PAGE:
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Original article
peer-reviewed

Acute Pericarditis: Descriptive Study and Etiology Determination in a Predominantly African American Population



Abstract

INTRODUCTION

­­­Acute pericarditis is the most commonly encountered manifestation of pericardial disease (incidence: 0.2 percent to 0.5 percent in hospitalized patients). However, data regarding manifestations, workup, and the management of acute pericarditis in the African American population is lacking. This study aims to collect and analyze more clinical data related to acute pericarditis in this understudied population.

METHODOLOGY

We conducted a retrospective chart review of all patients managed for acute pericarditis at a university hospital serving a predominantly African American population. A total of 78 charts were reviewed during the period of study from January 2011 to July 2016. Out of these, nine charts were excluded due to poor data. We descriptively analyzed data regarding presenting symptoms, underlying etiologies, co-morbidities, investigation results, management strategies, and prognoses.

RESULTS

We found an equal number of males and females in our study population. The most common comorbid conditions were hypertension, chronic kidney disease, and diabetes mellitus (in order of incidence). The most common presentation of symptomatic pericarditis consisted of chest pain, dyspnea, tachycardia, and tachypnea. Electrocardiogram (EKG) findings included diffuse ST elevation (15 percent) and sinus tachycardia (41 percent). Leukocytosis was seen in 15 percent of the patients. The most common etiology noted in our patient population was idiopathic and was treated with NSAIDS.

CONCLUSION

As compared to other populations, the incidence of uremic pericarditis and pericarditis secondary to cardiac etiologies is slightly higher in the African American population; however, the clinical presentation, examination and laboratory findings, as well as investigations, are remarkably similar.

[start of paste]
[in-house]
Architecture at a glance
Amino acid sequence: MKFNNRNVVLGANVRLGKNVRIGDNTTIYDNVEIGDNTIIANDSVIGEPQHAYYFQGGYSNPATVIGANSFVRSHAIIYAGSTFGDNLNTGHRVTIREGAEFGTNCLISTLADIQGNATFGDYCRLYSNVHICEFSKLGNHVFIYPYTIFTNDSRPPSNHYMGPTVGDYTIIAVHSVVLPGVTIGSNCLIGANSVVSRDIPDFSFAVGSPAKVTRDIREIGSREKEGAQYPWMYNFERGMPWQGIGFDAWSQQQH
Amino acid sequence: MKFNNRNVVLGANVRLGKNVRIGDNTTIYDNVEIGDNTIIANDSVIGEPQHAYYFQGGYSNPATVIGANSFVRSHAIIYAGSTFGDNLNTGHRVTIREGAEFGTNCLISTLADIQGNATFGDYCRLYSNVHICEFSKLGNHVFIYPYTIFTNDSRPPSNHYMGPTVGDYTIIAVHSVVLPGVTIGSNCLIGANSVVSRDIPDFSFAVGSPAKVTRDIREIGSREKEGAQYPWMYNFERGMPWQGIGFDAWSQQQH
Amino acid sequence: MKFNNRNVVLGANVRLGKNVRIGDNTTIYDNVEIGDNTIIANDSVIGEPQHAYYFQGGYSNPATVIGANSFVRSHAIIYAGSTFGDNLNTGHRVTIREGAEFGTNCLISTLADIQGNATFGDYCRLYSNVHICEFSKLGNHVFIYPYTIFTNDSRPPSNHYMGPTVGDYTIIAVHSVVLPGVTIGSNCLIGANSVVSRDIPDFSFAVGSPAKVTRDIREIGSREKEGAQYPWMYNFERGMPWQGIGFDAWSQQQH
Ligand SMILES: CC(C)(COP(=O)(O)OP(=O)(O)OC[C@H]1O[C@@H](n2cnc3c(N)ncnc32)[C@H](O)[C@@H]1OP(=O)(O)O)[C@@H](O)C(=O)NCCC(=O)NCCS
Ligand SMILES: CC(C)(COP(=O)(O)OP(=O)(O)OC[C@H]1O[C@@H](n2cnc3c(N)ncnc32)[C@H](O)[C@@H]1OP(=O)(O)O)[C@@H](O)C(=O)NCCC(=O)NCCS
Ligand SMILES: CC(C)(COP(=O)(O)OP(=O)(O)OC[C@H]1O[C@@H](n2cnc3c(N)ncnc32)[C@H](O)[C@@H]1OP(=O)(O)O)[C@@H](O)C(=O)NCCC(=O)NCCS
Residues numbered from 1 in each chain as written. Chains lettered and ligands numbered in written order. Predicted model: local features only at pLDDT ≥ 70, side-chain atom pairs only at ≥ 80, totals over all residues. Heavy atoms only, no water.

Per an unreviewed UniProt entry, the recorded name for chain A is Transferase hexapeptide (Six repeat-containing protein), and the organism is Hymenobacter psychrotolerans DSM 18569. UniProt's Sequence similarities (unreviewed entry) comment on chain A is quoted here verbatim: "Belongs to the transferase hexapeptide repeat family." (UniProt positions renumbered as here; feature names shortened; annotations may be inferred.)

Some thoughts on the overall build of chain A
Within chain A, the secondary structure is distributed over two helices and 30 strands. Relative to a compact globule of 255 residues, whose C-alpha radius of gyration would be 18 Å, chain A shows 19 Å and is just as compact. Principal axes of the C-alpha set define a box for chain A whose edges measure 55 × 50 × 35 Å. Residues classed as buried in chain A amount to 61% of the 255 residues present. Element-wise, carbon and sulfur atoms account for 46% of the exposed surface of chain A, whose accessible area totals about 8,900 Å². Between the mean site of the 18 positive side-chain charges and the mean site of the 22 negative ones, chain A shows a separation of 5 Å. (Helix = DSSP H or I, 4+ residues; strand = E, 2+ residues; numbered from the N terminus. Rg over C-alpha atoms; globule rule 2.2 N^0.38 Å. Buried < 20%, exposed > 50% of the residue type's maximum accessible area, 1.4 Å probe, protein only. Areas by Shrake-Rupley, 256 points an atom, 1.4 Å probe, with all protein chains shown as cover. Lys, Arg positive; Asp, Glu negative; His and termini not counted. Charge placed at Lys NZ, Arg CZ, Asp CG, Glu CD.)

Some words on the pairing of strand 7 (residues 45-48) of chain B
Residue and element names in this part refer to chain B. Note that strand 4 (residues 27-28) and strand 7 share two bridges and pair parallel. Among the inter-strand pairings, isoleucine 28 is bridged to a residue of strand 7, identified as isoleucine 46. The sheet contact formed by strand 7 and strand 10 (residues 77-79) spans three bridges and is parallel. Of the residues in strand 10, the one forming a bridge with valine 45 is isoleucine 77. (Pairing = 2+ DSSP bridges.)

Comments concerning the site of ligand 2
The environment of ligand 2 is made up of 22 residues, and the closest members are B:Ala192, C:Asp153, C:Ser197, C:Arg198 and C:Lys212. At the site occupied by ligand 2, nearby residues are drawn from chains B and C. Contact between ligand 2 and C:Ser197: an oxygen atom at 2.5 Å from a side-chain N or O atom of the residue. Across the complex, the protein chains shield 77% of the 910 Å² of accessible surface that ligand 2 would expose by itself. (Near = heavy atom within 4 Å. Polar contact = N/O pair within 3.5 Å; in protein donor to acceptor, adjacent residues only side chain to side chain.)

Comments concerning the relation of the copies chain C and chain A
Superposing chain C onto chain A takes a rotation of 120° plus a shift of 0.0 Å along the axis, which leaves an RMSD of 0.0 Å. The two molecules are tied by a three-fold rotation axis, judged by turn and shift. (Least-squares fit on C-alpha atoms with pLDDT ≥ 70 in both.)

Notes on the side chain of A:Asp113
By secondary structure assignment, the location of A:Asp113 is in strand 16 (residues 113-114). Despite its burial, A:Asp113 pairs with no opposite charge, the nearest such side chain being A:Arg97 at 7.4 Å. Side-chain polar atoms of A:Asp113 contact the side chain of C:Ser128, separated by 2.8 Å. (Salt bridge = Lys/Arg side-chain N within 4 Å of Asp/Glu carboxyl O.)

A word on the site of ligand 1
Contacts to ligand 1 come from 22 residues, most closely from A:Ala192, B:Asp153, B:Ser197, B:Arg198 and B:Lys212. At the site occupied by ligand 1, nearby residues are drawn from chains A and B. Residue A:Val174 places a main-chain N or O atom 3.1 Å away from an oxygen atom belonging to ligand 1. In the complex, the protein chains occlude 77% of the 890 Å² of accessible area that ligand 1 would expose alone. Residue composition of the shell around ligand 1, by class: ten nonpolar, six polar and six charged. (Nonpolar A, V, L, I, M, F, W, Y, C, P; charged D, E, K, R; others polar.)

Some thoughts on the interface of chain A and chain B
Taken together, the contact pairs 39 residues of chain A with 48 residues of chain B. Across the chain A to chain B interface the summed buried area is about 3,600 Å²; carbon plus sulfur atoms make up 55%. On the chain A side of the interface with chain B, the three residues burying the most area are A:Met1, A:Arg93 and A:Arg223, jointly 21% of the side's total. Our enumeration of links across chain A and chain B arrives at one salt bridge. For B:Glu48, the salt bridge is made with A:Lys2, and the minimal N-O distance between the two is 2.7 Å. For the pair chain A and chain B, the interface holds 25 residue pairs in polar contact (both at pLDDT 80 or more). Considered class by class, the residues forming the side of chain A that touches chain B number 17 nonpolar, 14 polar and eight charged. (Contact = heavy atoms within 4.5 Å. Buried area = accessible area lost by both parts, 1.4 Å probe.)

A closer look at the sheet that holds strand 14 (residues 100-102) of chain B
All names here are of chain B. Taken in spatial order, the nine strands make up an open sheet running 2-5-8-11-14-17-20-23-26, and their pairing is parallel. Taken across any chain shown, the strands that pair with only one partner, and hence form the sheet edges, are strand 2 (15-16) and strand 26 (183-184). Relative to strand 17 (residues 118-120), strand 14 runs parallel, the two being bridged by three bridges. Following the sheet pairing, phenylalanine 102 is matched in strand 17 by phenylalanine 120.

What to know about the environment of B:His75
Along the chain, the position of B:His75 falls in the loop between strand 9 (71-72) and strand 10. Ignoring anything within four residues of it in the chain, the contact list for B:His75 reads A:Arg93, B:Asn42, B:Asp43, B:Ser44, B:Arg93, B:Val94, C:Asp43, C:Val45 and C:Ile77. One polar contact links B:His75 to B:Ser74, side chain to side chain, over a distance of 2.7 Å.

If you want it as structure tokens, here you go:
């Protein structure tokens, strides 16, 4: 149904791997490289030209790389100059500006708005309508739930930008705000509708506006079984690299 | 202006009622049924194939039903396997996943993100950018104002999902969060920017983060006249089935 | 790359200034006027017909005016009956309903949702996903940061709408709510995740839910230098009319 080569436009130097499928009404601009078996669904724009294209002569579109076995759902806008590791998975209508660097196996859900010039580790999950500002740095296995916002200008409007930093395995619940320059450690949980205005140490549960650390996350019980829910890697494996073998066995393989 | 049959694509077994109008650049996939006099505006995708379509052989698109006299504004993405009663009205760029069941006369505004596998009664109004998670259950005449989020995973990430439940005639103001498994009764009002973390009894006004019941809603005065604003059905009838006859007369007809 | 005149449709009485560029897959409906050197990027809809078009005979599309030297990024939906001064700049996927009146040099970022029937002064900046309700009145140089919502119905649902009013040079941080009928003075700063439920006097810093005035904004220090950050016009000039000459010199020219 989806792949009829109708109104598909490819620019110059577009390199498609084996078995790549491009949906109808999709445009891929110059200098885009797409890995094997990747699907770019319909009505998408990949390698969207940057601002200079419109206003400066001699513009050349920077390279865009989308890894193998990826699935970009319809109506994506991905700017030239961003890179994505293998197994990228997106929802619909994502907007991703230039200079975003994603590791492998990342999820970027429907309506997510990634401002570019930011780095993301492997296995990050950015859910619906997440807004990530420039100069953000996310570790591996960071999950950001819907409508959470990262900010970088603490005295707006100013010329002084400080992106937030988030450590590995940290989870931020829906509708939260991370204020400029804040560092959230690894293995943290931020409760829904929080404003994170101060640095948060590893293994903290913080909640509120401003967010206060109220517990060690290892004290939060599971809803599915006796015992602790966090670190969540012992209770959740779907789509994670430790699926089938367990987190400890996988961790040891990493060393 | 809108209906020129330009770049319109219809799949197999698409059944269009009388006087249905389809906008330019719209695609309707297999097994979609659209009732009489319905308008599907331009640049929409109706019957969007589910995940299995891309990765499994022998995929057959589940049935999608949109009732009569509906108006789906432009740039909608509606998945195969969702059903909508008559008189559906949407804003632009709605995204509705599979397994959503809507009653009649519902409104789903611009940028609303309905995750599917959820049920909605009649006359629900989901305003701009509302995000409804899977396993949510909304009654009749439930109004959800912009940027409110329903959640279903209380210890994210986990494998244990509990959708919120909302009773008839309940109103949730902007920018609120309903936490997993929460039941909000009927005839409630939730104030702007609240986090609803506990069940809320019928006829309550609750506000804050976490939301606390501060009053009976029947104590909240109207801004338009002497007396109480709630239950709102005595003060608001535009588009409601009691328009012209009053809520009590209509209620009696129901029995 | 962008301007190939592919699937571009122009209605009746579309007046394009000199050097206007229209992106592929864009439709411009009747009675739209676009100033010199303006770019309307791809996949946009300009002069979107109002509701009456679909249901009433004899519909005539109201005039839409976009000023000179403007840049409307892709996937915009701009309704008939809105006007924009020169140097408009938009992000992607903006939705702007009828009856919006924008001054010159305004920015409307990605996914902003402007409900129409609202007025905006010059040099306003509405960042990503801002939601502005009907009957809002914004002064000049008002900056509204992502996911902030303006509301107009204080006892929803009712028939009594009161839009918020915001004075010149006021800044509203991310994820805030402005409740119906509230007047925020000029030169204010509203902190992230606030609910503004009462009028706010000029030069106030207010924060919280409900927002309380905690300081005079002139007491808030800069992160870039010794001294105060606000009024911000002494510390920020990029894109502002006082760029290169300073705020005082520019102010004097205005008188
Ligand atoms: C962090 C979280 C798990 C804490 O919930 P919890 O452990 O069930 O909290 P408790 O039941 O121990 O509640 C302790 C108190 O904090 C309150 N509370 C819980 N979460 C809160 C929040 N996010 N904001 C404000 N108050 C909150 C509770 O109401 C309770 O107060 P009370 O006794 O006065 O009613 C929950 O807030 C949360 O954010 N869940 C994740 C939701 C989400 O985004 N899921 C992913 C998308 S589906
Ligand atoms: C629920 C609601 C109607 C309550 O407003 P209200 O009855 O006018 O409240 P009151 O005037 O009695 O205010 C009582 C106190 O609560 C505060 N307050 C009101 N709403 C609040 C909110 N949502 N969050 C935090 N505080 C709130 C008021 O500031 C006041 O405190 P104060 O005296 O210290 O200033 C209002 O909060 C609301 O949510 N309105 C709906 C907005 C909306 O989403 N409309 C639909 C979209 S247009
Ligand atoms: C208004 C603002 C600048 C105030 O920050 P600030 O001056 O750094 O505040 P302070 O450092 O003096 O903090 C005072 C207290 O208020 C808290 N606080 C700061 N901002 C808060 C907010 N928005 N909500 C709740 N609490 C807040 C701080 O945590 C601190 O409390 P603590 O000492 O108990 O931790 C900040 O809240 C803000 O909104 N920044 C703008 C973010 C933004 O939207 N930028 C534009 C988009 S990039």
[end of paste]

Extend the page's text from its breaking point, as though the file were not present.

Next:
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Original article
peer-reviewed

Acute Pericarditis: Descriptive Study and Etiology Determination in a Predominantly African American Population


Author Information

Ahmad Awan Corresponding Author

Department of Internal Medicine, Howard University Hospital

Fasil Tiruneh

Department of Internal Medicine, Howard University Hospital

Priscilla Wessly

Department of Internal Medicine, Howard University Hospital

Akbar Khan

Health Information Management, Howard University Hospital

Hasan Iftikhar

Department of Internal Medicine, Howard University Hospital

Sydney Barned

Department of Internal Medicine, Howard University Hospital

Daniel Larbi

Department of Internal Medicine, Howard University Hospital


Ethics Statement and Conflict of Interest Disclosures

Human subjects: Consent was obtained by all participants in this study. Animal subjects: This study did not involve animal subjects or tissue. Conflicts of interest: The authors have declared that no conflicts of interest exist.


Original article
peer-reviewed

Acute Pericarditis: Descriptive Study and Etiology Determination in a Predominantly African American Population


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Original article
peer-reviewed

Acute Pericarditis: Descriptive Study and Etiology Determination in a Predominantly African American Population

  • Author Information
    Ahmad Awan Corresponding Author

    Department of Internal Medicine, Howard University Hospital

    Fasil Tiruneh

    Department of Internal Medicine, Howard University Hospital

    Priscilla Wessly

    Department of Internal Medicine, Howard University Hospital

    Akbar Khan

    Health Information Management, Howard University Hospital

    Hasan Iftikhar

    Department of Internal Medicine, Howard University Hospital

    Sydney Barned

    Department of Internal Medicine, Howard University Hospital

    Daniel Larbi

    Department of Internal Medicine, Howard University Hospital


    Ethics Statement and Conflict of Interest Disclosures

    Human subjects: Consent was obtained by all participants in this study. Animal subjects: This study did not involve animal subjects or tissue. Conflicts of interest: The authors have declared that no conflicts of interest exist.